Last night we had the mobilization briefings that are held for soldiers and their families prior to being mobilized. They included information on Tricare (the military health system), Military One Source (a free reference and counseling source for all soldiers and their families), legal information, words of encouragement, as well as the chaplain's briefing and a ceremony in which we and our families were given coins.

The exchange of coins is a military tradition. Many units have specially designed coins, as do certain high ranking officers. For example, last night we received coins designed for the commander of the 89th RRC (who currently is Major General Broadway) which reflect service as a mobilized soldier.

There was a lot of information, but it was helpful. Personally, with my limited experience over the past few years, I believe the Army does a good job of supporting and encouraging its soldiers. Do people fall through the cracks? Of course. But they really try hard to get us the information needed; the key is to pay attention even if you think you won't ever need it.

Thursday, June 08, 2006

Zarqawi Dead

By now, everyone is hearing the reports that the United States killed the leader of Al-Qaeda in Iraq, Abu Musab Al-Zarqawi. This is, of course, great news for the people of Iraq and the US, but it also re-inforces the progress we are making in this war.

People seem to forget that a war like this- of fighting terrorists, and trying to establish democracy- will take some time, and will not be measured in gains of land, or peace treaties, and the like.

We have to look back and see what has happened:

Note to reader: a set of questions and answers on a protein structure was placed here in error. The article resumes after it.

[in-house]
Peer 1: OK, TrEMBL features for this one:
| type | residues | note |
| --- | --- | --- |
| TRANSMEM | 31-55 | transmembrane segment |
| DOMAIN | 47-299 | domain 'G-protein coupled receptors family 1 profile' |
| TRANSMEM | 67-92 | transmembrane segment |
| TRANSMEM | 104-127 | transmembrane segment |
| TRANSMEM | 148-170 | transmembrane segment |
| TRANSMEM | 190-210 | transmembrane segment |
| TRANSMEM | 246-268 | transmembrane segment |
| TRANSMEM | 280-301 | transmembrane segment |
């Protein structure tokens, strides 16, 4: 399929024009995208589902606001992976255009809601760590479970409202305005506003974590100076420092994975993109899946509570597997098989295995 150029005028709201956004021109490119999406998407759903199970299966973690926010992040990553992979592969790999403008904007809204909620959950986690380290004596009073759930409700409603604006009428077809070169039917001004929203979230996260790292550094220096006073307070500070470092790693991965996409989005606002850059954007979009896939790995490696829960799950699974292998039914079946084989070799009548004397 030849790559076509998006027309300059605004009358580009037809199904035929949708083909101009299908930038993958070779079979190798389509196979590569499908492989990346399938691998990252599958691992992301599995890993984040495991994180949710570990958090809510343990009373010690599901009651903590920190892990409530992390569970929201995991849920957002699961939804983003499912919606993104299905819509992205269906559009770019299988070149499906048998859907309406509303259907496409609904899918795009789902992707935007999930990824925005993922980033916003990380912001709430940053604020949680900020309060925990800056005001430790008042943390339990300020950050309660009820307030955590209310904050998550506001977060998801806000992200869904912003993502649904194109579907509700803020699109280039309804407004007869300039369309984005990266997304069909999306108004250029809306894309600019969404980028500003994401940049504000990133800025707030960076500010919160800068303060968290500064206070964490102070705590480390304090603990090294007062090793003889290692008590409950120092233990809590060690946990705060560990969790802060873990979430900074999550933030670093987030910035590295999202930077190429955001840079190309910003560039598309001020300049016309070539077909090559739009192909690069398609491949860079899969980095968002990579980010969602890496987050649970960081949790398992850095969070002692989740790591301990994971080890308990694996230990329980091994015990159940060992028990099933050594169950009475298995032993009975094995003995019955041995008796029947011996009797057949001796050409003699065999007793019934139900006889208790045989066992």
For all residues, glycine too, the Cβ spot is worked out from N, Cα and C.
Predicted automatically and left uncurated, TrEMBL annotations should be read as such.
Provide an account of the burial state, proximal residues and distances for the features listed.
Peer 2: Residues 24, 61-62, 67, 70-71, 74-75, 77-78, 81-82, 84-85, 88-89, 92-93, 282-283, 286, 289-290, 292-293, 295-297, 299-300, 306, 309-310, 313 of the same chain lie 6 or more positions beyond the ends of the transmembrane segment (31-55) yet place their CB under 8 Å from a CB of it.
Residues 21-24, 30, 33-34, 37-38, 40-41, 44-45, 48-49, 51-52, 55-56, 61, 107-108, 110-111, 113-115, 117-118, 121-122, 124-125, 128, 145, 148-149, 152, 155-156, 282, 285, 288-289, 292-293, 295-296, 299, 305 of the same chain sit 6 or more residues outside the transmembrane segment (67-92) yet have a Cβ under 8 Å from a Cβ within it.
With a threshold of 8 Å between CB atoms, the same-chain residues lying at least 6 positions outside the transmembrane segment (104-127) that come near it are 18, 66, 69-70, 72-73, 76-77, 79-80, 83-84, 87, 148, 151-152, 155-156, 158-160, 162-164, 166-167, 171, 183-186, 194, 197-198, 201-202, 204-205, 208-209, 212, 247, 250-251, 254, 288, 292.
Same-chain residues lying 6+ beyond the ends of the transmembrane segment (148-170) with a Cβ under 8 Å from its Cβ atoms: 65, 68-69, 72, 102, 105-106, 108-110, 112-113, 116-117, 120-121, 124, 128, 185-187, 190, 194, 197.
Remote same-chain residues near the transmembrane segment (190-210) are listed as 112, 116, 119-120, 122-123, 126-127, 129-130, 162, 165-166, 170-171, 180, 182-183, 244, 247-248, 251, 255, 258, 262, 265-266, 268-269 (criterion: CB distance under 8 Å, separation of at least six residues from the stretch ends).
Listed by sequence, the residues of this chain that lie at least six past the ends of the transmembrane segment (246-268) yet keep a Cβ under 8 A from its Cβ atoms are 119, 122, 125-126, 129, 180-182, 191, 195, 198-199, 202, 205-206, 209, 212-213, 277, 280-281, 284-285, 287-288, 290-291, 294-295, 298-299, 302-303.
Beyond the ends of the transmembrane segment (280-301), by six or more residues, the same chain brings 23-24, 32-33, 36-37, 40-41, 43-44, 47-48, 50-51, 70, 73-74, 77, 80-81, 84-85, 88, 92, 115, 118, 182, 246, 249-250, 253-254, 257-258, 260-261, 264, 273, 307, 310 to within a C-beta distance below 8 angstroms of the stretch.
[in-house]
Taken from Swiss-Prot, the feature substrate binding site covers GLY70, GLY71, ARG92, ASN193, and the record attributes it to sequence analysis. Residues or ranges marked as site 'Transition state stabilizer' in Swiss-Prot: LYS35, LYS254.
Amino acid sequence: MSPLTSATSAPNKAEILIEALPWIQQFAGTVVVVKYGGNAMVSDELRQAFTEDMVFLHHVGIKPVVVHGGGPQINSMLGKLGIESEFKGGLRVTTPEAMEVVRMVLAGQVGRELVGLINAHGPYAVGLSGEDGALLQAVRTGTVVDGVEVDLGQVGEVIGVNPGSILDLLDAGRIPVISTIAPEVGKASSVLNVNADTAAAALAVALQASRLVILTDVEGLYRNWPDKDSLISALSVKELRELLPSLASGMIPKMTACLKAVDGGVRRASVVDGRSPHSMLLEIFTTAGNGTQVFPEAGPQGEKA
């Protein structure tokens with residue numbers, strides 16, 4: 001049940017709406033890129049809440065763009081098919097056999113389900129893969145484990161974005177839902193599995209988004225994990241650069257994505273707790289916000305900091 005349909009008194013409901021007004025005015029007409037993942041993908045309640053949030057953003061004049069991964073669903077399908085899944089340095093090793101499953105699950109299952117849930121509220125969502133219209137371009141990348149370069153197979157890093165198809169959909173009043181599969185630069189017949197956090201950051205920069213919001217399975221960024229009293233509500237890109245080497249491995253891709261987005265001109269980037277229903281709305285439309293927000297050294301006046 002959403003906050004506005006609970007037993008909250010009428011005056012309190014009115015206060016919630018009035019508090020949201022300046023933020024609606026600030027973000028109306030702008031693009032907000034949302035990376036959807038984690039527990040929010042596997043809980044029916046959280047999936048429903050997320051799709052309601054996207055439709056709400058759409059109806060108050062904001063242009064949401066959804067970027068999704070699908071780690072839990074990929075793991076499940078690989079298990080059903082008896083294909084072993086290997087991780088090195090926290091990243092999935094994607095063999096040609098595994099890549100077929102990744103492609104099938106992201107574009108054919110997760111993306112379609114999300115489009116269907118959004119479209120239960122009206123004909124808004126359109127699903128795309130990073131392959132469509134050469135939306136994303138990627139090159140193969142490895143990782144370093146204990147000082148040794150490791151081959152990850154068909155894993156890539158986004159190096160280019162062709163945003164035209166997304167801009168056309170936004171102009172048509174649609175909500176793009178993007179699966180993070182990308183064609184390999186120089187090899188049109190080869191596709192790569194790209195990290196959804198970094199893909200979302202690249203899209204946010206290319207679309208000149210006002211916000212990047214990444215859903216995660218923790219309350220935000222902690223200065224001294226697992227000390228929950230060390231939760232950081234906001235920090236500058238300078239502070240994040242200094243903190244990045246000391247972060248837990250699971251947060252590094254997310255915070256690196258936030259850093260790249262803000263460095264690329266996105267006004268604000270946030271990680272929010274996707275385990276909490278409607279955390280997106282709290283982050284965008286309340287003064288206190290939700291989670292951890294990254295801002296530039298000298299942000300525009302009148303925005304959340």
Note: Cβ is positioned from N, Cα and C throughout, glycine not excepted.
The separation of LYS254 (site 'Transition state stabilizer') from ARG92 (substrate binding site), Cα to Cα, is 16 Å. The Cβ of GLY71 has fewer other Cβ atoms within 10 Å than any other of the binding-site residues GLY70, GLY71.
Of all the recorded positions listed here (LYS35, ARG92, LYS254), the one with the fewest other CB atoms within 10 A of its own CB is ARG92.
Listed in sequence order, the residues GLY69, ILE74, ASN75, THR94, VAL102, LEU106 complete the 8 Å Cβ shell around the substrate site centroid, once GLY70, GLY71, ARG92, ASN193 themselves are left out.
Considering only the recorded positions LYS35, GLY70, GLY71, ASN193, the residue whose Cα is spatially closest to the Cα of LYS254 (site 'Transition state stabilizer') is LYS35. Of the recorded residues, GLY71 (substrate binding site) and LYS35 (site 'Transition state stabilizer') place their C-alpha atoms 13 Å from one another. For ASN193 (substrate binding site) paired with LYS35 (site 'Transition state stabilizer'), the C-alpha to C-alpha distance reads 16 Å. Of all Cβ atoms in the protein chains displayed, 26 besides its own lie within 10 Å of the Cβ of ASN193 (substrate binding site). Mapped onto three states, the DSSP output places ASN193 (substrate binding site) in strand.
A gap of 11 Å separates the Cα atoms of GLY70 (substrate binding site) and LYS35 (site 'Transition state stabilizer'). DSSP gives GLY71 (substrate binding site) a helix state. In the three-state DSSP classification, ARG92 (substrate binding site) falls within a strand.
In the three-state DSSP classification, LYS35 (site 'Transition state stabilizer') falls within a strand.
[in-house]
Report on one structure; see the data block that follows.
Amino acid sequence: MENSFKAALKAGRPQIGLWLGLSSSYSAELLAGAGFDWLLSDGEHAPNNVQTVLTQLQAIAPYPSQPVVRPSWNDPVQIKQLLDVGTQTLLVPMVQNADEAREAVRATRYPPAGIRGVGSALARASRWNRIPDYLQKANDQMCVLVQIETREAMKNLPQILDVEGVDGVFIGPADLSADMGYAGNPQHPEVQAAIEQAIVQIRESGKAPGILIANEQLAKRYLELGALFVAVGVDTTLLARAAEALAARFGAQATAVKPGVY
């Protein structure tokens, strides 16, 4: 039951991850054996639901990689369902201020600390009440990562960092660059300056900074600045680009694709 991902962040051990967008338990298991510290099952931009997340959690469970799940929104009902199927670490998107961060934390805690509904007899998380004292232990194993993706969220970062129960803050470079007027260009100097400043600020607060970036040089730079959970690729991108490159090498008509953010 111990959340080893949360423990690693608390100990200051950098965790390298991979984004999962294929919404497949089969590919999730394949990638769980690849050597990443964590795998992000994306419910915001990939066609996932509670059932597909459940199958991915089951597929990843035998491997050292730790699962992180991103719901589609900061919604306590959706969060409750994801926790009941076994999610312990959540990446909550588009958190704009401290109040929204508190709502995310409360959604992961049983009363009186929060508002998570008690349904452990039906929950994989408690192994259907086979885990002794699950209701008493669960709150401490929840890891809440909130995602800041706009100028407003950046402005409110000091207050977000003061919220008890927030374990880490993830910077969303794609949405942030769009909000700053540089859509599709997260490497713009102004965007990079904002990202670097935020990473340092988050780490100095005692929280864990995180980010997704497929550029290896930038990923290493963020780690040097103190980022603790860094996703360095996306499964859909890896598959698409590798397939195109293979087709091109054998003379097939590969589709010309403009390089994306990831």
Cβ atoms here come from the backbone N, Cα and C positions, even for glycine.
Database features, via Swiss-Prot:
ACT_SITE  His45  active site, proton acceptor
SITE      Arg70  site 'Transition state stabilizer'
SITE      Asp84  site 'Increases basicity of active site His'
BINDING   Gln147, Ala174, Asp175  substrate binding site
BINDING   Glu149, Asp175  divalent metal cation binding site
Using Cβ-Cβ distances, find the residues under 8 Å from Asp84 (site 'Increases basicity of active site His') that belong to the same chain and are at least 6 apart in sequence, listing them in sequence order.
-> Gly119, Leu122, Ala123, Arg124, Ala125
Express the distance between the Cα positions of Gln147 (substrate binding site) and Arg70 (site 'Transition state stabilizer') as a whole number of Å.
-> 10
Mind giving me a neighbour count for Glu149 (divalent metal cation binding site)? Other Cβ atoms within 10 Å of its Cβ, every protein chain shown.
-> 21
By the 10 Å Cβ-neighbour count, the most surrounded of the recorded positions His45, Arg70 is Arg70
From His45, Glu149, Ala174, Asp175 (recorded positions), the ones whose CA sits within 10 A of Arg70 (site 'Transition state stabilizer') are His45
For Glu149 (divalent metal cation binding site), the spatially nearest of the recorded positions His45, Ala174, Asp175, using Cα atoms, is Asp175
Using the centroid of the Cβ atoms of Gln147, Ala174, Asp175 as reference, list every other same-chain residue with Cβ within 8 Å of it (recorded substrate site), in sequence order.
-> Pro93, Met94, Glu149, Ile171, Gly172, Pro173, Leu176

+Afghanistan and Iraq are both fledgling democracies.
+Much of the senior leadership of Al Qaeda in Afghanistan and Iraq has been killed or captured, including Zarqawi.
+Saddam Hussein is on trial for crimes against humanity.
+Thousands of lower level Al Qaeda terrorists have been captured and interrogated, leading to countless thwarted attacks on the US and our allies. The thwarted terror attack on Canada in the last week is an example.

I also am reminded by his death of the way in which so many people have begun to believe that somehow the war in Iraq is a distraction from the War on Terror. Yet today they annouce that the leader of Al Qaeda in Iraq has been killed. Who are we fighting over there, if not Al Qaeda and the terrorists who declared war on us?

While I don't think this means the insurgency will shrivel up and die, this does serve as a reminder that we are winning, bit by bit, and today we got a really big bit!

Wednesday, June 07, 2006

Home Station Training

Today was my second day on home station training. This is, essentially, a period during which we train on certain Unit Ministry Team tasks, as well as basic soldier skills (Warrior Task Training- WTT), as well as continue to pack our own supplies for mobilization. One of the tasks we trained on today was the Critical Incident Debriefing. This is a debriefing that a chaplain will give to a group of soldiers who have been through a traumatic event.

We're also doing PT (physical training) each morning. Today we ran four miles- twice around Gray's Lake here in Des Moines. I always feel better starting the day off with PT; I had been resting my knee after tweeking it during the Combat Lifesaver Course, but it feels great now.

Monday, June 05, 2006

Thanks to LCC!